• America's First

    Devils Tower

    National Monument Wyoming

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  • Campground

    The Belle Fourche River Campground is open for the summer season!

Flood Plains

Many old, dead cottonwoods line the Belle Fourche River near the entrance to Devils Tower National Monument, and no young cottonwoods or willows are replacing older trees. Other native vegetation along the river corridor (called the riparian zone), is being replaced by non-native species.

Long ago, the Belle Fourche River flooded in the spring, inundating the river banks with water and allowing regeneration of the cottonwood seeds. But the river no longer floods in the spring, and the cottonwoods cannot regenerate. Because the Belle Fourche River often washed out the bridge, in 1937, the Park Service changed the course of the river. Concrete tetrahedrons (which can still be seen from the bridge) were placed along the bank, forcing the river out of its original meandering streambed and into a straight course. In 1952, the Keyhole Dam was constructed, eliminating flooding altogether. Today, without seasonal flood water, it is difficult for cottonwoods to produce new seedlings, and the old trees are dying off.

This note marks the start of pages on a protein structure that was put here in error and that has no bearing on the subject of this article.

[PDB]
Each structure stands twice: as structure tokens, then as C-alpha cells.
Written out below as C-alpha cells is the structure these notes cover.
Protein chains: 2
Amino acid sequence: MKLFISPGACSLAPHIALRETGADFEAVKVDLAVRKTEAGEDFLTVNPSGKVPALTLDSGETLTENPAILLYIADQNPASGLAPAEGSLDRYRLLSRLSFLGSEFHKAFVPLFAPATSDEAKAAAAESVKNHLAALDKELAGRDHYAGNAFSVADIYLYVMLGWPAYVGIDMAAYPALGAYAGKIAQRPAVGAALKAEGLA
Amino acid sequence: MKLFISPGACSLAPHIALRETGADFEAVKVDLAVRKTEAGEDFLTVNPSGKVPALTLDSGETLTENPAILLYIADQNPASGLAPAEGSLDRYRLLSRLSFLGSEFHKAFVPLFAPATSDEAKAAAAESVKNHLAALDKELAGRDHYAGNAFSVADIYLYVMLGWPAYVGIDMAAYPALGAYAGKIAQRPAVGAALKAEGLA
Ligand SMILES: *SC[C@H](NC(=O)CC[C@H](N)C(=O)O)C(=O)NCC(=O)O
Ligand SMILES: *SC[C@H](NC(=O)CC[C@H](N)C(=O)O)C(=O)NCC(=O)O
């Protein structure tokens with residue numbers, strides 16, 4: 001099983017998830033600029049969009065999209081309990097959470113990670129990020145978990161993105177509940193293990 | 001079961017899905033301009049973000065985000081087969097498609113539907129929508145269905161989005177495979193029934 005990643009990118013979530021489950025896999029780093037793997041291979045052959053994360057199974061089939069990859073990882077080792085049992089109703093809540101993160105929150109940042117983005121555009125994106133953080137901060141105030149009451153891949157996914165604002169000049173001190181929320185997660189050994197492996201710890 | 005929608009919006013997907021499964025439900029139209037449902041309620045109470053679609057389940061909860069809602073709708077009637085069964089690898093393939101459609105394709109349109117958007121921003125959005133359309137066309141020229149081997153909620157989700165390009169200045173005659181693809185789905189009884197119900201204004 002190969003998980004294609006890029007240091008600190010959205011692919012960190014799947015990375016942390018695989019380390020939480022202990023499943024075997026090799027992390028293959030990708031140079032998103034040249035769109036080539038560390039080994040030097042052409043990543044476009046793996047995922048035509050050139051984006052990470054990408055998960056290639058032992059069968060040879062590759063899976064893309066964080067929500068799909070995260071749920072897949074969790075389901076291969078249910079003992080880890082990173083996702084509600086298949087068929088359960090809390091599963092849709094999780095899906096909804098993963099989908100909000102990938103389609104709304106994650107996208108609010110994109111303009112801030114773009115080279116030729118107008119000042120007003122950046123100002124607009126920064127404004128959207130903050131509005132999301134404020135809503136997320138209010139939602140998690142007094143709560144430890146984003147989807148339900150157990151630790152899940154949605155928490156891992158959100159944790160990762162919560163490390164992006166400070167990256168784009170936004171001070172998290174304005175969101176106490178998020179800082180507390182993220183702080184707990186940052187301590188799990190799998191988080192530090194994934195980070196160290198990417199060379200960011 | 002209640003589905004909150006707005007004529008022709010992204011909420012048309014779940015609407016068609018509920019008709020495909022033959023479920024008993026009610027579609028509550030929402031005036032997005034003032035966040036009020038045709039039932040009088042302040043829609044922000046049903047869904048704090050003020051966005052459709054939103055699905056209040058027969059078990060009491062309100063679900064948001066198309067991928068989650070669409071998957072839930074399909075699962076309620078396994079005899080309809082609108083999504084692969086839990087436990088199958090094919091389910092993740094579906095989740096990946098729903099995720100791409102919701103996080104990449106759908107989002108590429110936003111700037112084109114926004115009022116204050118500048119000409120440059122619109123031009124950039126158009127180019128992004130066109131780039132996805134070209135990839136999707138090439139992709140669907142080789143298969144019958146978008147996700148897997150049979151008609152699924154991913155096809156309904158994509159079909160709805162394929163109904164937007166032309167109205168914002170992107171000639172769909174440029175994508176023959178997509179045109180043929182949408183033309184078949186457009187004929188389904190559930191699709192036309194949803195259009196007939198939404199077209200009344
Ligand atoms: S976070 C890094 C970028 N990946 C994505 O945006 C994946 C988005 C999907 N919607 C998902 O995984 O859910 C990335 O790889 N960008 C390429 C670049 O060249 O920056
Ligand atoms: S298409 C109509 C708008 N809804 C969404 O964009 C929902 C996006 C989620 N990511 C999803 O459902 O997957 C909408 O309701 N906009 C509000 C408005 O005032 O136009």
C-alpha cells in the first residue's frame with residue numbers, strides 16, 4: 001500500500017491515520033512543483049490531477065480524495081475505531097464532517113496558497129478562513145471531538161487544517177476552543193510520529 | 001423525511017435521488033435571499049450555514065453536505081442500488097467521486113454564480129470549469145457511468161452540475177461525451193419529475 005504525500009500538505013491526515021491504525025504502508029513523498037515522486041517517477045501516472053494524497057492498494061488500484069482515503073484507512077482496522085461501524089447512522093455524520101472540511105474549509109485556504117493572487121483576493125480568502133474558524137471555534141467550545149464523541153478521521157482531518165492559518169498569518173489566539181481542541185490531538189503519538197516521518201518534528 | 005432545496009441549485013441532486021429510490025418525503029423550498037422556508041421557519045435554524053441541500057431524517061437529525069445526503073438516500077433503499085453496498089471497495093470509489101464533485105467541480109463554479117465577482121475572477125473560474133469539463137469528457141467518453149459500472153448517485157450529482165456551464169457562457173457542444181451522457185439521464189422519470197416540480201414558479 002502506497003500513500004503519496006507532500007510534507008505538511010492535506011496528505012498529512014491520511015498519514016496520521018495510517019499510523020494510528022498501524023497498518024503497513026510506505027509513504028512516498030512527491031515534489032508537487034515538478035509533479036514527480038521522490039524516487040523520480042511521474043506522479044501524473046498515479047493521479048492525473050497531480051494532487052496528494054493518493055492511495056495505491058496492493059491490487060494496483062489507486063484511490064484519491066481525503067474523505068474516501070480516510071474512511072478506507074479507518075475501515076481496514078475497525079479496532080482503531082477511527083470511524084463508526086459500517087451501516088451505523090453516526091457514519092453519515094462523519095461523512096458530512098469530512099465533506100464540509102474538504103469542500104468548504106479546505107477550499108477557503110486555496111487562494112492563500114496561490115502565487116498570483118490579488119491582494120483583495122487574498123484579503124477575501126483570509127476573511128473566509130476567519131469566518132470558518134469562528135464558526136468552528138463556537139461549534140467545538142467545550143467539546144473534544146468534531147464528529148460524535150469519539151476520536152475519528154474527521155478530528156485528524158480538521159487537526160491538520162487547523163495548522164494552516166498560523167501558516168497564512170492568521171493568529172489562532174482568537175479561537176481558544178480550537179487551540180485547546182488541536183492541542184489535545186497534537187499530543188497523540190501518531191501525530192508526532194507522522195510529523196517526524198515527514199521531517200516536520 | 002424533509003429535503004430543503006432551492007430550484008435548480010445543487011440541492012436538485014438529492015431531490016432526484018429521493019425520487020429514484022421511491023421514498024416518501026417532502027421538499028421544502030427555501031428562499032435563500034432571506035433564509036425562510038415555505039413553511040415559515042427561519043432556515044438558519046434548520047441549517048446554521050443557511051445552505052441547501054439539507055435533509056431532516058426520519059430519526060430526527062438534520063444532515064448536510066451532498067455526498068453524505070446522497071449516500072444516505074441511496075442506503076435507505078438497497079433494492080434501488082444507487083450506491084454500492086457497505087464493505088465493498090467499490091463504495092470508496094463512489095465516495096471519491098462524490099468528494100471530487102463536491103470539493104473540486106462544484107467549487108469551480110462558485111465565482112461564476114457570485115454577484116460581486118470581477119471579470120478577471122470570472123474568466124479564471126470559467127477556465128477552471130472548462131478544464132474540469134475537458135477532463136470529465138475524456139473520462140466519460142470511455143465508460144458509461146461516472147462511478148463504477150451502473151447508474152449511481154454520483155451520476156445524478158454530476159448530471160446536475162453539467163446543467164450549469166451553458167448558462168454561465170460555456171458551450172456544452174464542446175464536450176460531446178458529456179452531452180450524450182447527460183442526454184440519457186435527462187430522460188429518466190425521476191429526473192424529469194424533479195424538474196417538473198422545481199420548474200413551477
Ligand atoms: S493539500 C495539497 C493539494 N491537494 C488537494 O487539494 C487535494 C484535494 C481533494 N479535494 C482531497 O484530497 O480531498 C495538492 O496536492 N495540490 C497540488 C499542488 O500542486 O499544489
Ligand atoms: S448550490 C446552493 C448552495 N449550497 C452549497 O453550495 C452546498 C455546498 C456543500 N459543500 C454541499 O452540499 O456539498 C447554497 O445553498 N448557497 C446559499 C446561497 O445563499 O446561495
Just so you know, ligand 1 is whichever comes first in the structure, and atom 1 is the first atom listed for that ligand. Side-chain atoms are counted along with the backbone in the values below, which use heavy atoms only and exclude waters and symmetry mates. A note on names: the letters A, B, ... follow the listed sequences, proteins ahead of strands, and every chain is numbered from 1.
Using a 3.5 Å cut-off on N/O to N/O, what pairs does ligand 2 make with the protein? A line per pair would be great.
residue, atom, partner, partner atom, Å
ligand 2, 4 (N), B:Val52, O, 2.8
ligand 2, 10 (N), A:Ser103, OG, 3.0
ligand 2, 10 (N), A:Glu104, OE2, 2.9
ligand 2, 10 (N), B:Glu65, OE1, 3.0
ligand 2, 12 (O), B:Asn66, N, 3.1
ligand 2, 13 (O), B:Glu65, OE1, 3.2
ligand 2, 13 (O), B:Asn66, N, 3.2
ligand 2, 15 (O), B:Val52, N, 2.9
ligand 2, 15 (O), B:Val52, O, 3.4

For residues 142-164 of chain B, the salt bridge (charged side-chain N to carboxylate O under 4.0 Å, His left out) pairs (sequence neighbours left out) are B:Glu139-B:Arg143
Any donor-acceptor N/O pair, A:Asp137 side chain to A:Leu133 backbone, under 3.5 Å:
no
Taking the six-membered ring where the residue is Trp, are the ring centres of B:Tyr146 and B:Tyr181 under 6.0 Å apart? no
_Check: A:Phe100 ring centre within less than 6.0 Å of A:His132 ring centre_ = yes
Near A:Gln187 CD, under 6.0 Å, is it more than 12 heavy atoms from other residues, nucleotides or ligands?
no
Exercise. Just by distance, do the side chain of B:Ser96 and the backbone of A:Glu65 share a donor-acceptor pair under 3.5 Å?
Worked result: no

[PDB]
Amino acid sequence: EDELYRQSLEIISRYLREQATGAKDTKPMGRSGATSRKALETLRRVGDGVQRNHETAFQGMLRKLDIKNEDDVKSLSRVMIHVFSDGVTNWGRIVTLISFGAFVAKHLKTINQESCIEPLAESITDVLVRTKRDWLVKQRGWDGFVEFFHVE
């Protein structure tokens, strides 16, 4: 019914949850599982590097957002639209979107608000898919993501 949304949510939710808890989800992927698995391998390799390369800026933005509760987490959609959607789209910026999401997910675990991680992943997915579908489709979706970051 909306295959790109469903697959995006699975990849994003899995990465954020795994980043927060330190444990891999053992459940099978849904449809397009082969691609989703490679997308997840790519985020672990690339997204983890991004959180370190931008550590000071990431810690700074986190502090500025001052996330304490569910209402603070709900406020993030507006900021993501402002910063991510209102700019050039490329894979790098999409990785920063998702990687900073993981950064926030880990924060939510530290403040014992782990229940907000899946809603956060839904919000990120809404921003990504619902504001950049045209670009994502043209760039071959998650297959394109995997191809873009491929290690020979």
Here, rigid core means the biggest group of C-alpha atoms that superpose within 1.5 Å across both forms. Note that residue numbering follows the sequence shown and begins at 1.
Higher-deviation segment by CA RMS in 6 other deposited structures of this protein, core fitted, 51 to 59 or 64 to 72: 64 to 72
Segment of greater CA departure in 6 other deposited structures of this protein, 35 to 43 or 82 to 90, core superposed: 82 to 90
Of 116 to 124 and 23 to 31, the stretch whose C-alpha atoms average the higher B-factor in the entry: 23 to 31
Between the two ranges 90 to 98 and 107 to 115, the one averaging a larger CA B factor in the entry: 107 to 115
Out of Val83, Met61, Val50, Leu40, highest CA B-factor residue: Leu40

Did You Know?

Black tailed prairie dog

Eradication programs have reduced the black-tailed prairie dog’s range from thousands of square miles to a few scattered preserves like this one at Devils Tower National Monument. They now inhabit about 2% of the area they once occupied 200 years ago.